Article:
Now available is K.M. Weiland’s new book of writing advice “Structuring Your Novel: Essential Keys for Writing an Outstanding Story.”. I was lucky enough to be provided an Advanced Reader E-Copy to review.
I’ve been listening to Weiland’s Wordplay podcast for a long time now (I’ve gone back and listened from the beginning) and her book “Outlining Your Novel: Map Your Way To Success” is a large reason I’m an outliner today. I’ve also very much enjoyed “Dreamlander” from the fiction side of her oeuvre.
Read on for a review!
Structuring Your Novel, at face value very much follows in the footsteps of “Outlining Your Novel”. The two go hand in hand in my mind. Outlining is, in part, planning your story’s structure. Planning your story’s structure, gives you a road map that is the skeleton of an outline. (Hint to K.M. Sell a boxed set!) The two go together for me like milk and cookies, beer and pretzels. It’s a great book and it goes well with its older sibling.
Structuring Your Novel is split into three major parts:
1 – Story Structure
2 – Scene Structure
3 – Sentence Structure
Part One – Story Structure
The first part is the one I imagined would be the book when I first heard the title. It covers many of the topics we see often when we discuss the craft of writing, such as where to begin (Chapter 2), the story’s Hook (Chapter 1) or The Climax (Chapter 10). Each of the three acts are well covered.
To say there’s nothing new under the sun would be disingenuous. It’s not about what’s new, it’s about how to make it our own. Even when covering the old standbys, Weiland’s voice is fresh and engaging. She covers the material with grace and originality and has insights that I haven’t seen in many other places. Her discussion “Introducing the Stakes” (Chapter 5 – The First Act Part 2) along with “Introducing the Settings” where of particular interest to me and not something I’d seen in elsewhere. Another example of an under appreciated subject would be the Inciting event versus Key Event, which caused me to rethink my current WIP a little.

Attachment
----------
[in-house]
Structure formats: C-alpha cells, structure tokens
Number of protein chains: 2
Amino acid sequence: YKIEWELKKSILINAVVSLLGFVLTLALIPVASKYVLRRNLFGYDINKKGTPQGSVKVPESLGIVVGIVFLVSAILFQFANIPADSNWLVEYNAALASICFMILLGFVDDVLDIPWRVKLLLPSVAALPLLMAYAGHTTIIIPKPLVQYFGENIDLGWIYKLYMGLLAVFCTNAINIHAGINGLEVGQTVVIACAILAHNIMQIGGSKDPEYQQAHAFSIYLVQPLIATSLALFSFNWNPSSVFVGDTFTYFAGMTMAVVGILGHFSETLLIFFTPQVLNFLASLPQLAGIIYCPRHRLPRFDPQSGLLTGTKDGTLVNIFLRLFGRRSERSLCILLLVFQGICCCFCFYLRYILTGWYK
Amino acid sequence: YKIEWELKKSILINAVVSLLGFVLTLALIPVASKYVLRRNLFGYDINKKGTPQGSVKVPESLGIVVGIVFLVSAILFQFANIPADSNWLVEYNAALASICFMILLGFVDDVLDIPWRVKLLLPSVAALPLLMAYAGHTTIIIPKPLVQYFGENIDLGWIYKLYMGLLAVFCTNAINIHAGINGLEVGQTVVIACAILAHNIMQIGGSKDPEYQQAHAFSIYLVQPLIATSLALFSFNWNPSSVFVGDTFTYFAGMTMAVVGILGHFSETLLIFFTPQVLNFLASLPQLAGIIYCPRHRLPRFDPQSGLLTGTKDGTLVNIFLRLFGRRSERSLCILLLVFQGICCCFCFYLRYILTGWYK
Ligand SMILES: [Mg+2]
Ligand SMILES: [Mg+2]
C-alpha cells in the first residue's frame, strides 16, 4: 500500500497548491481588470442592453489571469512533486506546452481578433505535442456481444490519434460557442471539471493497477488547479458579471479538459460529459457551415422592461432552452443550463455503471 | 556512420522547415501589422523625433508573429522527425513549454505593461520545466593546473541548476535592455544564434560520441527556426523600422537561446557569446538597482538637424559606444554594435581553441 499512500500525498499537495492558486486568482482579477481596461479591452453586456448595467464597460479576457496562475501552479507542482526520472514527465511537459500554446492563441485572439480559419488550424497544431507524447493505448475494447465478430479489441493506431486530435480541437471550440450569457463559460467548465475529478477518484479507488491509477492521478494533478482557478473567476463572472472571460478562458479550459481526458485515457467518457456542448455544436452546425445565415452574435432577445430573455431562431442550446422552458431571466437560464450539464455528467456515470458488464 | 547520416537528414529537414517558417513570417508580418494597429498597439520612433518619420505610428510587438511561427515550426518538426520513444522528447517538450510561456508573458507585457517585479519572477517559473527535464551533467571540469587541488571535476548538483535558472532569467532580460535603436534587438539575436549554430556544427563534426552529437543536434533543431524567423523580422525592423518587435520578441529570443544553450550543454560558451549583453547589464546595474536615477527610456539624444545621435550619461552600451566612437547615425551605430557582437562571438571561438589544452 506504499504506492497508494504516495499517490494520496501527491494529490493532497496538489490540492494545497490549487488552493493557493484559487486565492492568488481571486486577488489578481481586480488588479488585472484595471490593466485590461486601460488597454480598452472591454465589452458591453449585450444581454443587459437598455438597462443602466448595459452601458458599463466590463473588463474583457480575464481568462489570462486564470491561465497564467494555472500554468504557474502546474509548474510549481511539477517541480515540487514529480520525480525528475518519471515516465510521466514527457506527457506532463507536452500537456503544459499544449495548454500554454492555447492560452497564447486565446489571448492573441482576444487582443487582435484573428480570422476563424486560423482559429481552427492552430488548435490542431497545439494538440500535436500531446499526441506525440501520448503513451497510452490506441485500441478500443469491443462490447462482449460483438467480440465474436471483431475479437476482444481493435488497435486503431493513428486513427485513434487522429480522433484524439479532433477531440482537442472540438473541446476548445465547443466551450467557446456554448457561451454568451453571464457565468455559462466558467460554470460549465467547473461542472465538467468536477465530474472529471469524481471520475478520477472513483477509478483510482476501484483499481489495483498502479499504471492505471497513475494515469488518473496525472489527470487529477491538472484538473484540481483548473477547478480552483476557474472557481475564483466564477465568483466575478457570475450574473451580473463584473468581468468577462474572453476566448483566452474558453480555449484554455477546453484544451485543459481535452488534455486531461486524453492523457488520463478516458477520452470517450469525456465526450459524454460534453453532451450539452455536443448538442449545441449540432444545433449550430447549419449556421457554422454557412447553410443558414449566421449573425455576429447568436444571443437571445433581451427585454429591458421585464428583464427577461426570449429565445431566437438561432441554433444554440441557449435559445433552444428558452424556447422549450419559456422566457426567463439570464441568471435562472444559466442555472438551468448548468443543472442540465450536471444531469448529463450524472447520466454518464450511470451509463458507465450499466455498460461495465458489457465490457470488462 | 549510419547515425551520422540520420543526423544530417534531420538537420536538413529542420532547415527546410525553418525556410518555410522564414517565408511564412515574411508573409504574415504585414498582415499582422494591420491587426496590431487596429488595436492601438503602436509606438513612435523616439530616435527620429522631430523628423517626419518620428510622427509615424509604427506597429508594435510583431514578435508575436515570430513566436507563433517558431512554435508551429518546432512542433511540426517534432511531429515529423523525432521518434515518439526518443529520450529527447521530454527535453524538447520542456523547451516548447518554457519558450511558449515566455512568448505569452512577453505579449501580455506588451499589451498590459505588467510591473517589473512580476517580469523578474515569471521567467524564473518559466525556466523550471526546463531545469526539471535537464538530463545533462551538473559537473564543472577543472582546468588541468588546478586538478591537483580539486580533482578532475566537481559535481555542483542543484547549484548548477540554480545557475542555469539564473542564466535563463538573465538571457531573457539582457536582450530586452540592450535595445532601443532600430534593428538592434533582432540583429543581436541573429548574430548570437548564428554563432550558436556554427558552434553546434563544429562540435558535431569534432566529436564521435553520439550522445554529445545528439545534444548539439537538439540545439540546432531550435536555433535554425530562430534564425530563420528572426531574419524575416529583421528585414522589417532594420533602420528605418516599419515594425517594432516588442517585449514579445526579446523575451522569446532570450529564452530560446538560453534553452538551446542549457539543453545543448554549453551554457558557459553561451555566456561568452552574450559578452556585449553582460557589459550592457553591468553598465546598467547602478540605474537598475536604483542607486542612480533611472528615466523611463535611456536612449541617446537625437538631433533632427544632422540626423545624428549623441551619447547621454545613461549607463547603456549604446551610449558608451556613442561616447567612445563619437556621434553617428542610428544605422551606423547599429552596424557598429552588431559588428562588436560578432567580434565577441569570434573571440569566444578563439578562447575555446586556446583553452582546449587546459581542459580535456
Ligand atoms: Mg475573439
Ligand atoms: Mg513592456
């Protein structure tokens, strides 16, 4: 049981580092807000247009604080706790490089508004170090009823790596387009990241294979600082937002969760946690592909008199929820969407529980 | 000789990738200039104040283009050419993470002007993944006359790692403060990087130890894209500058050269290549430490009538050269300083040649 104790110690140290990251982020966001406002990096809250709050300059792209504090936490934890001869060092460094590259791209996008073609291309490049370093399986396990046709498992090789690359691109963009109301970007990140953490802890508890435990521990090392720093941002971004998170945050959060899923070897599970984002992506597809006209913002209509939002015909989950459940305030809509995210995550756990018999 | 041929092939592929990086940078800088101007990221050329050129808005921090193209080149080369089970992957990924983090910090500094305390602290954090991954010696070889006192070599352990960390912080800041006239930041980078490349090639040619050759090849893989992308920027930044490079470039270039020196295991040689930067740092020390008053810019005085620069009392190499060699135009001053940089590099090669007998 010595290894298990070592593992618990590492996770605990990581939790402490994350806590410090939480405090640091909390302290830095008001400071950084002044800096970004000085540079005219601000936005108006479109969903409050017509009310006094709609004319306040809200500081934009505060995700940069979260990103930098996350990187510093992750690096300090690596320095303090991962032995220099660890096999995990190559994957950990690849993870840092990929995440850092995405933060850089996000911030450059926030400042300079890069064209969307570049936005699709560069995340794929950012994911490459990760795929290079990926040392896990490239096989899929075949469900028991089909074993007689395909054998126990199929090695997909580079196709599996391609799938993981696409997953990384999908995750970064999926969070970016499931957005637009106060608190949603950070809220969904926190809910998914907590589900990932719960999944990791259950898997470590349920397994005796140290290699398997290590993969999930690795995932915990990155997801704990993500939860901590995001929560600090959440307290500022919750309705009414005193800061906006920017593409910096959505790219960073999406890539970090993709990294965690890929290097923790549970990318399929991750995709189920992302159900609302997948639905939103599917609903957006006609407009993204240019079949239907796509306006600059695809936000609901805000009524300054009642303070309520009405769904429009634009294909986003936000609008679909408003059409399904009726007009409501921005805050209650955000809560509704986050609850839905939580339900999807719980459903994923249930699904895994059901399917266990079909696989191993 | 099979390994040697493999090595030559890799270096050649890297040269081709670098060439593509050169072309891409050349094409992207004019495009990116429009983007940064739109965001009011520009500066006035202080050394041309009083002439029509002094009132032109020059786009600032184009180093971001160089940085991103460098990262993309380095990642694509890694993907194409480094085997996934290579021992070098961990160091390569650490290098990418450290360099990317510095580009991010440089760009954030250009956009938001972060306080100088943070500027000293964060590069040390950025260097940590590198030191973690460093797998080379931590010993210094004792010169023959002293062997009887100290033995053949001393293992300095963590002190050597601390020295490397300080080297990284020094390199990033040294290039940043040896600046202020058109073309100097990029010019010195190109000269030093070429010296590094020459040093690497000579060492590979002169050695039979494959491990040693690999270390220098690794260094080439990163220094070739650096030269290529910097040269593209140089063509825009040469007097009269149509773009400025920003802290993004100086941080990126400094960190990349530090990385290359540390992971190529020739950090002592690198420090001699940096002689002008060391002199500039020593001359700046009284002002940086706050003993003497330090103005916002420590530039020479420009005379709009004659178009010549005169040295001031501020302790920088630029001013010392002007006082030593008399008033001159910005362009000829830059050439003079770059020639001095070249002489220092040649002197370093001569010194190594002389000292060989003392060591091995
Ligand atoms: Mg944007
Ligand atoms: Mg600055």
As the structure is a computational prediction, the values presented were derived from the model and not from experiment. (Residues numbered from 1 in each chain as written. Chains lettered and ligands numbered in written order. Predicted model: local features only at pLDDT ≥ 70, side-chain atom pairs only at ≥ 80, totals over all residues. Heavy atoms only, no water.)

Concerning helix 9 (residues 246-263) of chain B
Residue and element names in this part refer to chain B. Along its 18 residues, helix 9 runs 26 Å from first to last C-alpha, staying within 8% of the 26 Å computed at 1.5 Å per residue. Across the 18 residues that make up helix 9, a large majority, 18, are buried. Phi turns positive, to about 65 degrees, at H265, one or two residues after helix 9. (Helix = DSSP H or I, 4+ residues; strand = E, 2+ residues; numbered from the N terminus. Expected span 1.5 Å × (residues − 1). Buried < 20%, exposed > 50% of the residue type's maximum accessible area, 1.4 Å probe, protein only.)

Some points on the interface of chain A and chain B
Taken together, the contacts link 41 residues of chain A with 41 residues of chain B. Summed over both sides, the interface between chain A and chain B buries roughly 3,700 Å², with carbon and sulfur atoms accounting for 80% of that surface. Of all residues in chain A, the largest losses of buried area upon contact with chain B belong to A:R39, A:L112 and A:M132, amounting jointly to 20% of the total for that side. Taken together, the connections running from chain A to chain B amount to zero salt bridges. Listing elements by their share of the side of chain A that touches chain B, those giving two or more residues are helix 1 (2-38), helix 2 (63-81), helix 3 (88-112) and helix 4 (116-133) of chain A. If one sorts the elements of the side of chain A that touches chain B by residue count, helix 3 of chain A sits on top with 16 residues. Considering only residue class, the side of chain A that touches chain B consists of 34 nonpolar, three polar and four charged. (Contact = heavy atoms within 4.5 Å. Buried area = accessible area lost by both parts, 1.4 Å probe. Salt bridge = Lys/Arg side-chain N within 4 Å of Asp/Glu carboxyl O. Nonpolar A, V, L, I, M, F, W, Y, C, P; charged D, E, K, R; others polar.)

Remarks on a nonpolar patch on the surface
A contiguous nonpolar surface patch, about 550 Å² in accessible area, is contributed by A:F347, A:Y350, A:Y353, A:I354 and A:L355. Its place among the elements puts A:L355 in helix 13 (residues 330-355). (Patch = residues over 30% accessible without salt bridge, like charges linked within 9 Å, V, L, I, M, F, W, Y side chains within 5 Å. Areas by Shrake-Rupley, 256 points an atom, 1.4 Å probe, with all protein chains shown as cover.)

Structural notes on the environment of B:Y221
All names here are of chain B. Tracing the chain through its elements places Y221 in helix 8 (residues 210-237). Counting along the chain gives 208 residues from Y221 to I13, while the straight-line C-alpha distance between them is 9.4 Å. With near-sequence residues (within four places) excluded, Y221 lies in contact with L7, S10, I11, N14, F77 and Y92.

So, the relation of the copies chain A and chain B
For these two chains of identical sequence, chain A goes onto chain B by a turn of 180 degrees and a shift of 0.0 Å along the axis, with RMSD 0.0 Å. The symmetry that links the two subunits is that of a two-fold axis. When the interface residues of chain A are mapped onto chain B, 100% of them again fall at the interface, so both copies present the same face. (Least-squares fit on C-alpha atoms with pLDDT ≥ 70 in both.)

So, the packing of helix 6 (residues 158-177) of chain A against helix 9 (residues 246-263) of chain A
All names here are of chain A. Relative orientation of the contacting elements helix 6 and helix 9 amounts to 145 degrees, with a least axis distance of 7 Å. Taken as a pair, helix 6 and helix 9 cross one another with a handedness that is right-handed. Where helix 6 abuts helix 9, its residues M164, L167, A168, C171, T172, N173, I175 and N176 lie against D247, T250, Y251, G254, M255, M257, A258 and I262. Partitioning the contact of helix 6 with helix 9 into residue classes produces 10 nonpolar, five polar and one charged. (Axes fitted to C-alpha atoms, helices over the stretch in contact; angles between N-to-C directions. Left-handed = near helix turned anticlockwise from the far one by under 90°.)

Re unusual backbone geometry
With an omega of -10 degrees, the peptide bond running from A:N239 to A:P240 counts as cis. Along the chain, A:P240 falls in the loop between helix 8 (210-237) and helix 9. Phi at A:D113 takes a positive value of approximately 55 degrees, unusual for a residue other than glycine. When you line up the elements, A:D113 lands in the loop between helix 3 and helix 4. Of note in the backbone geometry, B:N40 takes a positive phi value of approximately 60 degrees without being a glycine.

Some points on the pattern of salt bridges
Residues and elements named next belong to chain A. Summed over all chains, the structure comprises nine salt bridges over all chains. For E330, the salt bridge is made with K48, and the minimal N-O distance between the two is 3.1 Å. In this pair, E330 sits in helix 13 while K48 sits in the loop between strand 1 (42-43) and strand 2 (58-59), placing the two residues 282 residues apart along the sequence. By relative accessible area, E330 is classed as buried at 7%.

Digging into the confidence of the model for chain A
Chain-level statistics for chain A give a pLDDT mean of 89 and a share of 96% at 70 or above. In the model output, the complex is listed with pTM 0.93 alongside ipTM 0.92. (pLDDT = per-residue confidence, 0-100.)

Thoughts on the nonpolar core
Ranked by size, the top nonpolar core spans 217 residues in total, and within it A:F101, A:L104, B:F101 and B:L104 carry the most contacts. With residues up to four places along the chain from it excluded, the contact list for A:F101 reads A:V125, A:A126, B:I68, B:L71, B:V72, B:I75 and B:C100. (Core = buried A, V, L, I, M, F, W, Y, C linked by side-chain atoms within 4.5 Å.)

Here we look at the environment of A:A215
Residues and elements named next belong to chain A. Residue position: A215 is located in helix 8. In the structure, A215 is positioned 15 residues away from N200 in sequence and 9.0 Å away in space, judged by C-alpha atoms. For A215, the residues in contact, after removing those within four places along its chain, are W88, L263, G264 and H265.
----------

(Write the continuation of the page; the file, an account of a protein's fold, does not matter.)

From the first, Weiland speaks with authority without sounding dogmatic, allowing for the writer’s cardinal rule “There are no rules” to be in play. It isn’t a question of absolutely having event Y happen at X% of your story. Weiland shows you what works, why it works and how you can apply it. The actual application, as always, is up to the writer and almost every section of the book discusses variations.
This brings me to what may be one of my favorite things about this book that Weiland has done. In every chapter she uses well known examples from across the spectrum of literature and cinema to bring to life the subject of the section. Almost any reader will find something familiar which allows the subject being discussed to be demonstrated with clarity. To me, that’s what gives me an “A-ha!” moment, even on a subject that I understand and am familiar with.
Her big four examples that she uses to great effect in every section are:
1 – Pride and Prejudice by Jane Austen